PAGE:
May 26, 2018

Do You Need or Should You Get Title Insurance?

In order to make an informed decision, here is some background information about title insurance.


‘Title’ is the legal term for ownership of property.  Buyers want “good and marketable” title to a property.  Marketable title means title the buyer can convey to someone else.  Prior to closing, public records are searched to determine the previous ownership and dealings of the property.  The search might reveal:  existing mortgages, liens for outstanding taxes, utility charges, etc., registered against the property.  At closing the buyer expects property that is free of such claims and should be cleared up before closing.

Sometimes problems (or defects) regarding title are not discovered before closing or are not remedied before closing.  Such defects can make the property less marketable when the buyer subsequently sells and depending on the nature of the problem, can also cost money to remedy.  For example, the survey might have failed to show that a dock and boathouse built on a river adjoining a vacation property was built without permission.  The buyer of the property could be out of pocket if he is later forced to remove the dock or boathouse.  Or the property might have been conveyed to a previous owner fraudulently, in which case there is the risk that the real owner may come forward at some point and demand their rights with respect to the property.

Title insurance policies can be issued in favour of a purchaser, a lender or both.  Title insurance protects purchasers and/or lenders against loss or damage sustained if a claim that is covered under the terms of the policy is made.

Types of risks that are covered include:  survey irregularities; forced removal of existing structures; claims due to fraud, forgery or duress; unregistered easements and rights of way; lack of pedestrian or vehicular access to the property; work orders; zoning and set back non-compliance or deficiencies; etc.

Title insurance remains in effect as long as the insured purchaser has title to the land.  Some policies also protect those received title as a result of the purchaser’s death (eg a spouse or children).  In the case of the lender’s coverage, the policy remains in effect as long as the mortgage remains on title.

The premium for title insurance is paid once at the time of purchase.  The cost for a typical residential home of less than $500,000 in Ontario is approx. $200 + taxes.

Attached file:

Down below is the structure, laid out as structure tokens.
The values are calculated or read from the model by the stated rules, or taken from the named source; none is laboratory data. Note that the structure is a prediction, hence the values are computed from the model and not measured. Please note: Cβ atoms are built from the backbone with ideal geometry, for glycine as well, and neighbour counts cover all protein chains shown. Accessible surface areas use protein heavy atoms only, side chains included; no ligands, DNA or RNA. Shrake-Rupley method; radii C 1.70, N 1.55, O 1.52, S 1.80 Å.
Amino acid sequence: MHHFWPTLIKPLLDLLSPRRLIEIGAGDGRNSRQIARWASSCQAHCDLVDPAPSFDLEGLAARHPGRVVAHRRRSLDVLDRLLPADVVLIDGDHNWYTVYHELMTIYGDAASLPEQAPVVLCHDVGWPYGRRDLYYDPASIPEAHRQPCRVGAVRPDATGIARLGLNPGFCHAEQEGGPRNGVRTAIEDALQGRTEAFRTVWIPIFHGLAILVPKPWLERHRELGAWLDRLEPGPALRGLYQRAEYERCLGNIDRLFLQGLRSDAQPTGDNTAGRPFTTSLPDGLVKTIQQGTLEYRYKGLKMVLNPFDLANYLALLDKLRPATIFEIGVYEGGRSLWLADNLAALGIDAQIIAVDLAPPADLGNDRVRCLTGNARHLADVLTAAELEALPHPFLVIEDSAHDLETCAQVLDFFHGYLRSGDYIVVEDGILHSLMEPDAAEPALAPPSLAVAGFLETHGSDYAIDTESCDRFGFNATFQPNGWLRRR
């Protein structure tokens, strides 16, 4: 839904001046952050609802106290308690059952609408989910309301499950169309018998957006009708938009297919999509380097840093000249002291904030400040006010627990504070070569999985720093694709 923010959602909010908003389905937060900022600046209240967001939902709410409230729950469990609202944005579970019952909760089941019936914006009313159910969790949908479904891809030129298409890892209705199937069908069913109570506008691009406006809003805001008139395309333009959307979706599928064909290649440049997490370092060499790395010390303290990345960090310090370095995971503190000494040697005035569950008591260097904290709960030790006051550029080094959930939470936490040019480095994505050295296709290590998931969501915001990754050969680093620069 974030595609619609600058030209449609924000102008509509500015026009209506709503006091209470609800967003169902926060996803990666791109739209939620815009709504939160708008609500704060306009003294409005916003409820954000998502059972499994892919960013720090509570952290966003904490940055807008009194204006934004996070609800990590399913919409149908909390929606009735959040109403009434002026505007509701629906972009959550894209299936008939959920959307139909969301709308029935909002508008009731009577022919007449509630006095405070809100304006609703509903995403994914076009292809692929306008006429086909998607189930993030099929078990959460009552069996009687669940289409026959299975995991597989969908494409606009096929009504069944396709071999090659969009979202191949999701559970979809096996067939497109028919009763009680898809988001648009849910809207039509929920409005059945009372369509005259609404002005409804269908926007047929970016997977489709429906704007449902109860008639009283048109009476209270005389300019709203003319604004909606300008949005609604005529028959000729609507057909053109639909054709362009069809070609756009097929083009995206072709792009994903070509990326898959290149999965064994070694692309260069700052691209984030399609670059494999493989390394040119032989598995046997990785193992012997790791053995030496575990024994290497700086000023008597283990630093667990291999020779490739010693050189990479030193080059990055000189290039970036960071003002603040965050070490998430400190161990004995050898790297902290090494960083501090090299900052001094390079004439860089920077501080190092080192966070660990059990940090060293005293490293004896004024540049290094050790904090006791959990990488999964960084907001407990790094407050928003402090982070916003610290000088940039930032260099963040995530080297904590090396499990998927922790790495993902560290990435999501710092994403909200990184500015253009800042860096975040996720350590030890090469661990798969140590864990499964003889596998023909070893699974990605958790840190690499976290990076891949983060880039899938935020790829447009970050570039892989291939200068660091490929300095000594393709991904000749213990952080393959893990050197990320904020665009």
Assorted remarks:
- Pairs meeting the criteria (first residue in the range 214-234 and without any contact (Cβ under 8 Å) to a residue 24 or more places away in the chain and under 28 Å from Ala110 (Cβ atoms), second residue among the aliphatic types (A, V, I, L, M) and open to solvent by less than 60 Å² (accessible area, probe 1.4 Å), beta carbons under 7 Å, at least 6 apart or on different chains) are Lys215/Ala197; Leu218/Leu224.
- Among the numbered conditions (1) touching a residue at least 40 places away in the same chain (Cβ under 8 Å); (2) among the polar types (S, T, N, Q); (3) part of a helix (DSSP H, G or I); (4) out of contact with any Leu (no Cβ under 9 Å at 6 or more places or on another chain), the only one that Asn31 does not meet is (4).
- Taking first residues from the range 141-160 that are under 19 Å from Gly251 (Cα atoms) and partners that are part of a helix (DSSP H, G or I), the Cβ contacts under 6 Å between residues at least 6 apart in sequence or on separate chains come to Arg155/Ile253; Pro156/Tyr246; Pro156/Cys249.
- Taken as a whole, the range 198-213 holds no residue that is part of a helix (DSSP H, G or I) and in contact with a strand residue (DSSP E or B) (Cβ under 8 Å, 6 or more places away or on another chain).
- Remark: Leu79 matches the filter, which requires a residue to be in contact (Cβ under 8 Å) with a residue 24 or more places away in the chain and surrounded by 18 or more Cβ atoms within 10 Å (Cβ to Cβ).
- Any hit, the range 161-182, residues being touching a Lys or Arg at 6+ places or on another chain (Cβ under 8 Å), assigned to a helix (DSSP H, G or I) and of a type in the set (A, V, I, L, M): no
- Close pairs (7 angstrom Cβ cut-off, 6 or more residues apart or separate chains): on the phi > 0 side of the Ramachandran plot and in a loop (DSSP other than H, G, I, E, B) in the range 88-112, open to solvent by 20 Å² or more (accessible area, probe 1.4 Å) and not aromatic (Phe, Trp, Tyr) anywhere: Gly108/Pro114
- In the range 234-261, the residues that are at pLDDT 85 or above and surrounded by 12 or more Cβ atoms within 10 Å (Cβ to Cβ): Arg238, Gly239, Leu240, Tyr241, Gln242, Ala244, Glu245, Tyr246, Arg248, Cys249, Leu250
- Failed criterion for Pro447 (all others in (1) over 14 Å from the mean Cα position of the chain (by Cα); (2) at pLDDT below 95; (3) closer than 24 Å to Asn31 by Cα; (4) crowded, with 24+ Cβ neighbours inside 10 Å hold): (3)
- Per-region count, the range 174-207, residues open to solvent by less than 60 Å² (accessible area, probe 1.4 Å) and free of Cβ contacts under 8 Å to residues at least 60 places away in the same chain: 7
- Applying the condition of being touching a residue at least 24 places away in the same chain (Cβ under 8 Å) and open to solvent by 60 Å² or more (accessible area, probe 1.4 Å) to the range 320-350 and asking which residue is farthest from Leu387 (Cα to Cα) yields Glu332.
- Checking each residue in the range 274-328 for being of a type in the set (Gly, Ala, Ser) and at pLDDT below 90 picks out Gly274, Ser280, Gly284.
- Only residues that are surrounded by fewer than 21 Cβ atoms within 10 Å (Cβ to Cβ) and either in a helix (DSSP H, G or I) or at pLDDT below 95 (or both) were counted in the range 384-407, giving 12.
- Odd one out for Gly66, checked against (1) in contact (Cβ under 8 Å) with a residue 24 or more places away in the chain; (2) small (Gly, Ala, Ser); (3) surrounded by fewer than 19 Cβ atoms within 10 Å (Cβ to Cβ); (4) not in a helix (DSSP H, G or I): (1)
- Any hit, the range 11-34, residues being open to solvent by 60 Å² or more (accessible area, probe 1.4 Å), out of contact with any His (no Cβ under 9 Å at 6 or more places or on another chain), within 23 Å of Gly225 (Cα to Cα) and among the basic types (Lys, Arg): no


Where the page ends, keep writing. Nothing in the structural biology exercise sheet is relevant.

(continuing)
Colleen Saunders is a 20 year veteran in the mortgage industry, serving Mississauga, Burlington, Oakville and Toronto and offering all mortgage related services such as 2nd mortgages, private mortgages and more.

To contact Colleen, please fill out the form on our site or call 416-459-2406

Tips For Paying Off Your Mortgage Faster

Paying down extra principle by whatever means possible can shorten the life of your mortgage and dramatically lower the interest you will pay over the long haul.  Here are a few tips on how to make this happen:

1-  Increase your payment annually to the most you can afford –   most lenders will allow you to reduce your payment again if it turns out to be too great a burden or your circumstances change

2-  Utilize your RRSP driven tax rebate as a mortgage prepayment method – many Canadians borrow at prime rate to buy an RRSP to ensure maximum rebate.  Combining the refund with the tax-free interest earned on the RRSP over the subsequent years will quickly outpace the short-term interest costs of a RRSP loan

3-  Increase the frequency of your payments – make accelerated bi-weekly payments which is equivalent to one full mortgage payment every year and is relatively painless

4-  Round your payments up – even a nominal amount of say $10 per payment will save you thousands of dollars in interest

5-  Pay a lump sum whenever possible – most lenders allow you to prepay between 10-20% annually

6-  Keep payments the same when mortgage rates have fallen – If the payment amount has not been a problem so far, then keep it the same and it will pay down the principal faster

7-  Raise payments in line with increased income on an after-tax basis – although the disposable income may be fun to spend on unnecessary luxuries in the short term, the thought of being mortgage free far outweighs the short term sacrifice

Colleen Saunders is a 20 year veteran in the mortgage industry, serving Mississauga, Burlington, Oakville and Toronto and offering all mortgage related services such as 2nd mortgages, private mortgages and more.

To contact Colleen, please fill out the form on our site or call 416-459-2406

How To Prepare For Your Mortgage Renewal

In today’s marketplace, nearly 60% of people sign back their mortgage renewal letters without investigating other alternatives.  As a result, there are little or no incentives for the financial institutions to offer the best rates on renewal.  You will also notice that the institutions send out the renewal letters 2 – 3 weeks before your mortgage matures as this leaves you very little time to arrange financing with another lender or to take advantage of the lower rates that may have occurred in the 3 – 4 months before your renewal date.  Rest assured that the first offer is most definitely not their best offer and most renewal offers are at their posted rates.